Playing with your C program at machine level

Today programming has become one of the required skill in most of the field whether it is medical field, business, education or any other. It is due to the meaning of programming has changed and now it is used to solve our day to day real life problems. The days are gone when we have to write a program in machine language to solve our problem.

Concept of high-level language has introduced some kind of abstraction in programming process because now you don’t have to take care of how your code is being get executed and handled by the machine at lower level. You just write your code to carry out a task in high-level language and it starts working. This abstraction is fruitful for many people who code, but sometimes people who write or analyze very complex codes need to go to lower level of the code to understand it better. So in this article we will see how we can analyze our own code and logic written in C language at lower level.

Prerequisite

  • Linux OS with gnu and gdb
  • Some knowledge of assembly language and cpu registers

First let’s understand how our source code written in high-level language gets converted in machine language. This process is called compilation.

Source: javatpoint.com

Compilation is carried out by another program called compiler which checks your code for any syntactical or structural error and if there is no error then an object code or you can say machine code is given as output by the compiler.

Before the final output(machine code) is given, our code has to pass through four phases as given in the image above which are

  • Preprocessor
  • Compiler
  • Assembler
  • Linker

To keep this article short we only need to understand what is assembler. The assembly code given out by the compiler goes to the assembler which produces the object code. You can understand assembly language as a language which is just one level above machine code. Assembly language uses mnemonics to represent opcodes, which makes easy for us to read and understand instructions of our program at machine level.

Now we are going to make a simple program in C language and try to understand it in assembly language.

This is a simple snippet written in C which prints out a string “Hello World” ten times. Now first we compile it using gcc and then analyze it’s assembly code using gdb debugger.

To compile your program use command given below

gcc -g hello.c -o hello

-g flag will embed debugging information to give additional information while debugging the program

-o flag is used to specify the name of the output file(object code)

Disassembling main function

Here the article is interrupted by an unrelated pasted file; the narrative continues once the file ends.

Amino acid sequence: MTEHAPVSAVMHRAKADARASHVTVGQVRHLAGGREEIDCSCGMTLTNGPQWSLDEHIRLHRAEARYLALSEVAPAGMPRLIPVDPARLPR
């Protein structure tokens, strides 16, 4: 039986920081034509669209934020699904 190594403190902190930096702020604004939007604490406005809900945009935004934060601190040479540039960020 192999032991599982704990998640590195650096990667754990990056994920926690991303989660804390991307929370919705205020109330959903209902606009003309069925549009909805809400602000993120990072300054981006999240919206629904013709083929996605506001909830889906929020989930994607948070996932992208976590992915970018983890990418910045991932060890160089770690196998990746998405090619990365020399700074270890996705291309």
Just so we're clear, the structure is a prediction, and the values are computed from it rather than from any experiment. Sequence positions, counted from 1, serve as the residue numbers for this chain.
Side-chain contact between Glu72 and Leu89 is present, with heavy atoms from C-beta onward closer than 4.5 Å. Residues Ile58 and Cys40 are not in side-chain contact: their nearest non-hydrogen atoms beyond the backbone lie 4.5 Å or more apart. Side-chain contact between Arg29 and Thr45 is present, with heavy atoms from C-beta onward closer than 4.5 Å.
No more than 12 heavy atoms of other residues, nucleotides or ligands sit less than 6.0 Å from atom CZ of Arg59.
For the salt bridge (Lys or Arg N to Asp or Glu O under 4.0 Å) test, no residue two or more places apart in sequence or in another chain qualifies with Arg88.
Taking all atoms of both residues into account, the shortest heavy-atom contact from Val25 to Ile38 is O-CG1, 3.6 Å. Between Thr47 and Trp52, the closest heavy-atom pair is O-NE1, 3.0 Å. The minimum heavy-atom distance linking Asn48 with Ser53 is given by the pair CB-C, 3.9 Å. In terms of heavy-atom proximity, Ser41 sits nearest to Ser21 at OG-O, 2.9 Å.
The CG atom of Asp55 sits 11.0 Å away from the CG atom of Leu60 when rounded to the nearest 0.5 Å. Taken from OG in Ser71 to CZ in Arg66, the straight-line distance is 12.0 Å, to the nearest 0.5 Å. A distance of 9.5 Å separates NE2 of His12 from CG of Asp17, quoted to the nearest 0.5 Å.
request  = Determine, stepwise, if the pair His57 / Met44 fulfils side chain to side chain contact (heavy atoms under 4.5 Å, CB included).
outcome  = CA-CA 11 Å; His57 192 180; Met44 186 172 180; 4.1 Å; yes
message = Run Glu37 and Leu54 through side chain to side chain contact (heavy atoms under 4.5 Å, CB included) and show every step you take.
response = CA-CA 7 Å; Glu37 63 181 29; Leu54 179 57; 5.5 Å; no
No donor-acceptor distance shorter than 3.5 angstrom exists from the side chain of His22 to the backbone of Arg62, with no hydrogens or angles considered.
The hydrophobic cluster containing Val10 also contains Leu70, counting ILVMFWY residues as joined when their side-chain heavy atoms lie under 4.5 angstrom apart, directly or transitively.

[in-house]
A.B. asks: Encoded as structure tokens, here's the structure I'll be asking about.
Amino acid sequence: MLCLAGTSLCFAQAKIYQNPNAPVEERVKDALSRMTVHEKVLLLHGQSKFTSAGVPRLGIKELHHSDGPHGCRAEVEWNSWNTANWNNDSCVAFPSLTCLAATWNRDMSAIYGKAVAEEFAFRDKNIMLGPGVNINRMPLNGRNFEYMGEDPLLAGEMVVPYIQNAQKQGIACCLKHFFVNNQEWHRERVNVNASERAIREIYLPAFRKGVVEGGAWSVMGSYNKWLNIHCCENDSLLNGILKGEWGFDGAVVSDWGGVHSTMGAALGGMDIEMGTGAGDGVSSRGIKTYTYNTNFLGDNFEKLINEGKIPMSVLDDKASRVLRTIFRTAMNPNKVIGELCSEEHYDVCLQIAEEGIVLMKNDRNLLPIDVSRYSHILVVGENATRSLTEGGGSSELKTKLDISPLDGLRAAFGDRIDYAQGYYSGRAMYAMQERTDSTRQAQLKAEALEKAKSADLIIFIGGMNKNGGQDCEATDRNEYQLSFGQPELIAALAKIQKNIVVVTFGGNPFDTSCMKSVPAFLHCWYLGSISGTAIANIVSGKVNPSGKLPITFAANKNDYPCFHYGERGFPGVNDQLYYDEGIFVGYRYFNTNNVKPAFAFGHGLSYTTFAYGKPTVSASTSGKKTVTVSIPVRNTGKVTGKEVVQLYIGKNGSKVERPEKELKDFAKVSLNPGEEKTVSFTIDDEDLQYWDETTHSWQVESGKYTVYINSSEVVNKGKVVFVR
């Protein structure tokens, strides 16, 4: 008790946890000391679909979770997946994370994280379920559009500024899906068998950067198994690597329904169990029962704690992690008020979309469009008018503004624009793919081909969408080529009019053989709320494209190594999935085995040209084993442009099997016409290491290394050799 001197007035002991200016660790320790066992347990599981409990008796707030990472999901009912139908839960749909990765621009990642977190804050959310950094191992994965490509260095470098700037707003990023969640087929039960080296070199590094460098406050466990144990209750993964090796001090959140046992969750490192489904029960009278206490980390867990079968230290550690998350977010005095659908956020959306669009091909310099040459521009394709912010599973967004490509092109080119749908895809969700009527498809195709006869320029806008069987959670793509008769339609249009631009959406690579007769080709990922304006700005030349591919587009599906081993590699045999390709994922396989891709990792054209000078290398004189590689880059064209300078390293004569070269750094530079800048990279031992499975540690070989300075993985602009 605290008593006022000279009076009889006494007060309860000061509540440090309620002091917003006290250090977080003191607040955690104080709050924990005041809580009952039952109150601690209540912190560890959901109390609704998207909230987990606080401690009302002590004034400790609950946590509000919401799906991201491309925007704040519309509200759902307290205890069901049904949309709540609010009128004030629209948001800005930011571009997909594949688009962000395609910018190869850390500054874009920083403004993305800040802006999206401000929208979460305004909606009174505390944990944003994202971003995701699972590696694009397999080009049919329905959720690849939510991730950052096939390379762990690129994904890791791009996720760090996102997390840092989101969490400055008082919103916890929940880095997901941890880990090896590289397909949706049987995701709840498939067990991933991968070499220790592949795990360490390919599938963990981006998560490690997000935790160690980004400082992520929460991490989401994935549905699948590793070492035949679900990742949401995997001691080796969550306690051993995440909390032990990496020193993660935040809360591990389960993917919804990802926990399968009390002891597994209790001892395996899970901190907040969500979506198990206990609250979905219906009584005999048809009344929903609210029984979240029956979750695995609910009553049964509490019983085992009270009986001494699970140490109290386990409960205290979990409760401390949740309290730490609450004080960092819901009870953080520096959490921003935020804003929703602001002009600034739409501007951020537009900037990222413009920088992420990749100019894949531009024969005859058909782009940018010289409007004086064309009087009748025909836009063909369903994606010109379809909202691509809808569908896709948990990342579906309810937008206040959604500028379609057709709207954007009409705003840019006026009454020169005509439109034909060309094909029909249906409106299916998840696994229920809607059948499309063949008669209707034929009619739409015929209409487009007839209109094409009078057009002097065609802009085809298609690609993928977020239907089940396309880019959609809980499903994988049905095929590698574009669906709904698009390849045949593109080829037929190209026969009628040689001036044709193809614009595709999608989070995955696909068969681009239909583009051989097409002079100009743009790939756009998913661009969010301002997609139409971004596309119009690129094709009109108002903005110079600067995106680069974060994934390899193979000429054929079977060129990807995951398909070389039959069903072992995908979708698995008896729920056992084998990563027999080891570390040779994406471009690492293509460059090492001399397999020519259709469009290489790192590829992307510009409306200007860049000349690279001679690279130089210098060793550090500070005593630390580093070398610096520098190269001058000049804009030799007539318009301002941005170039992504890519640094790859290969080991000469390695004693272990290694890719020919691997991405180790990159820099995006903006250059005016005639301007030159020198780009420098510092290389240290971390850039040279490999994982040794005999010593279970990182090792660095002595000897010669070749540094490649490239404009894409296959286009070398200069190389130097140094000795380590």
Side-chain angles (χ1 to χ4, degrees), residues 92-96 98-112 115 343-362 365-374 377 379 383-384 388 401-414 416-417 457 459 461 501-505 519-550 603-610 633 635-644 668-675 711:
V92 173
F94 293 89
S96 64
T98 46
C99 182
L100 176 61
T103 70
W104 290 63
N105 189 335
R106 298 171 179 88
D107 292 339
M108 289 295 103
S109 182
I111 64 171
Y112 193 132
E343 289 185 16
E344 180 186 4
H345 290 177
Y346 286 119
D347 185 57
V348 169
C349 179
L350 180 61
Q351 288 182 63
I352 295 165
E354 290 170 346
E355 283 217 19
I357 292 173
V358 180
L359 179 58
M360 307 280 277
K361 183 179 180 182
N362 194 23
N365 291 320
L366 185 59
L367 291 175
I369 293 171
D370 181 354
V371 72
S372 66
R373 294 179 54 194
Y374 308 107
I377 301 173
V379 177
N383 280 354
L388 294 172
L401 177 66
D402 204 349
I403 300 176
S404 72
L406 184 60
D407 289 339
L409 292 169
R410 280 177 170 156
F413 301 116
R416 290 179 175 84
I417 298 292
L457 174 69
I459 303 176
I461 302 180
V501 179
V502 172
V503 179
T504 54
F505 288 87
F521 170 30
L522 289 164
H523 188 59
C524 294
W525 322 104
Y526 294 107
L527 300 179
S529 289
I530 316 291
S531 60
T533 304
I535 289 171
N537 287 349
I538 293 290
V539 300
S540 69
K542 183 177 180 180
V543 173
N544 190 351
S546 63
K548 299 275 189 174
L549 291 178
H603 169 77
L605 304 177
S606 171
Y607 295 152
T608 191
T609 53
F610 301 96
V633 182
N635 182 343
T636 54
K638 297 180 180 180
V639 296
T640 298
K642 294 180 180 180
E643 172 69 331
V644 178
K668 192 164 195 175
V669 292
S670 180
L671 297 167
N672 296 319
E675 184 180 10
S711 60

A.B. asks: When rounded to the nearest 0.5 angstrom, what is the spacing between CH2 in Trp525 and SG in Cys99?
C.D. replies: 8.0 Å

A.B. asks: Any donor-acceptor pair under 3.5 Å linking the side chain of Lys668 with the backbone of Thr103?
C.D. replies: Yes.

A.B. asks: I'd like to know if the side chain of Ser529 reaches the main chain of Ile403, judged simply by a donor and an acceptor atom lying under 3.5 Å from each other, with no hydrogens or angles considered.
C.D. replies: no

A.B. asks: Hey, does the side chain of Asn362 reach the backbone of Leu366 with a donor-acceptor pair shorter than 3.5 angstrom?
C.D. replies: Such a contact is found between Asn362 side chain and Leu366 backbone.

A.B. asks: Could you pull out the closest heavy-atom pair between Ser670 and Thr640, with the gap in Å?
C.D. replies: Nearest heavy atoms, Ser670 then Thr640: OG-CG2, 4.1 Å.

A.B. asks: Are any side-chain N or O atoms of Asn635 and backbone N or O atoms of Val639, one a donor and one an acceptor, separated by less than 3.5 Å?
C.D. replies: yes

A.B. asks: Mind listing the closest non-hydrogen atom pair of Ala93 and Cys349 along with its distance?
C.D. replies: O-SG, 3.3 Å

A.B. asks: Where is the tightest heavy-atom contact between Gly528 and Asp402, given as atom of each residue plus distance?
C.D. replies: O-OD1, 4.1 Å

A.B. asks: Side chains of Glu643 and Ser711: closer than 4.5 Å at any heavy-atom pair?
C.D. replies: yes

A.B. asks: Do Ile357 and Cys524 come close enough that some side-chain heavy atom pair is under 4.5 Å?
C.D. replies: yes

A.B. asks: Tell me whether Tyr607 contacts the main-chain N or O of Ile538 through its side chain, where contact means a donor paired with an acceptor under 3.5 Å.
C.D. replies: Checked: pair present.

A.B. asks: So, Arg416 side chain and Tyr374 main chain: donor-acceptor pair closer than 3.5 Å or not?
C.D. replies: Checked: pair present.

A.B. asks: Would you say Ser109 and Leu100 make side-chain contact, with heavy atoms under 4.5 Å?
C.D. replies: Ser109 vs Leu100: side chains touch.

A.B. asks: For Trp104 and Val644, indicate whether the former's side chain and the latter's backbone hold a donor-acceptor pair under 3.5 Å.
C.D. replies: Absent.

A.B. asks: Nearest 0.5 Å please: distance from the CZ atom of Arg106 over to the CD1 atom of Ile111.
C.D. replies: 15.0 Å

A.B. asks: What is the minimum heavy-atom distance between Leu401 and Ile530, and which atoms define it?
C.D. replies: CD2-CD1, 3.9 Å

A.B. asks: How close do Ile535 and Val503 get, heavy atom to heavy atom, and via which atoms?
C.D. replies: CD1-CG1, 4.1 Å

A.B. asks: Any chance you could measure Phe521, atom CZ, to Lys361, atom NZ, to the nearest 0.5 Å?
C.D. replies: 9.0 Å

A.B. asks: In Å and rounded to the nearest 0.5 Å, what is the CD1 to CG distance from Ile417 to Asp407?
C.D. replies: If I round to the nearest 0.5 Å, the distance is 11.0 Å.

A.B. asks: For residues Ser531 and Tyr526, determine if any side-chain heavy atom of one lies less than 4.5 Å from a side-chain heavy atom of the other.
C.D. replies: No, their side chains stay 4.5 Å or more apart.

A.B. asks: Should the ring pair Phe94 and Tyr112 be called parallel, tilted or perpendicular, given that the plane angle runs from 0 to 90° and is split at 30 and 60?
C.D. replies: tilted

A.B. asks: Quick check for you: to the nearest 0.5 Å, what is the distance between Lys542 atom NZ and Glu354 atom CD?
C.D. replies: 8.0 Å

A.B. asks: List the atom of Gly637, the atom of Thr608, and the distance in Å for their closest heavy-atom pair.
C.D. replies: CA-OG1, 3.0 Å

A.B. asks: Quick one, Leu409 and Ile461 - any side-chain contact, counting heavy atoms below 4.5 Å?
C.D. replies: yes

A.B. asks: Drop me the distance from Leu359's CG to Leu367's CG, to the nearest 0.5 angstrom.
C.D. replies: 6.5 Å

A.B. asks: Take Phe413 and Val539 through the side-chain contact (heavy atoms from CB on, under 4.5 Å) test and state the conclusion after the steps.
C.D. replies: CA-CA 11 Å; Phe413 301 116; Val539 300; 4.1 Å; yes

Now we will run our compiled program inside gdb and mark a breakpoint at main. Using run command we can execute our program which stops at breakpoint which is main.

In the image above the highlighted line is the instruction which is pointed by the RIP(Instruction Pointer). Also notice that I have changed the disassemby flavor to intel because gdb uses AT&T syntax by default. Before running each instruction line by line first let’s try to understand the code. Let me label each line with line number to make explanation better.

In the above code, line 5 at which RIP is pointing currently is for initializing our loop variable i as 0 which means variable i in our C program has its value stored at [rbp-0x4].

Instruction at line 6 is an unconditional jump to address 0x555555555156 which is line 10 in our code.

Now instruction at line 10 is a compare instruction which is comparing i variable’s value (at [rbp-0x4]) with 0x9. After execution of this instruction flag registers are updated which are used by our next immediate instruction at line 11 for conditional jump.

jle instruction means jump if less than equal to, that means if value at [rbp-0x4] is less than or equal to 0x9 then only jump to 0x555555555146(line 7) at which lea(Load effective address) instruction gets executed which sets our “Hello World” string as parameter for next instruction which is call puts procedure to print our string on the screen.

Then after printing our string the instruction at line 9 will add one or increments our i variable’s value. Then again comparison of i variable’s value is done based on which jump is performed. If comparison gives out result as i greater than 0x9 then our RIP register will move to line 12 which is nop(no operation) instruction and finally reaches to ret instruction otherwise if i’s value is less than or equal to 0x9 then all the instructions discussed above are again executed and prints our string “Hello World”. This is how our for loop is working.

Now using gdb command nexti or ni(next instruction) we can execute each instruction line by line and check registers and memory status after each instruction for which you need to learn about gdb more. Right now you do not need those commands, just run ni command and observe how loop is working.

You can also check [rbp-0x4] or i’s value after each increment using examine command inside gdb.

Executing Group of Instructions Present Inside for Loop
Checking i Variable’s Value After Completion of One Iteration

So this is how our for loop is working. Similarly we can also make different programs using different built-in C functions and writing new logic which are hard to crack at machine level.

Thank you for reading this article. Hope you liked this article and learned something from this.

An avid learner in the field of information security. A self learner and a ctf player sometimes.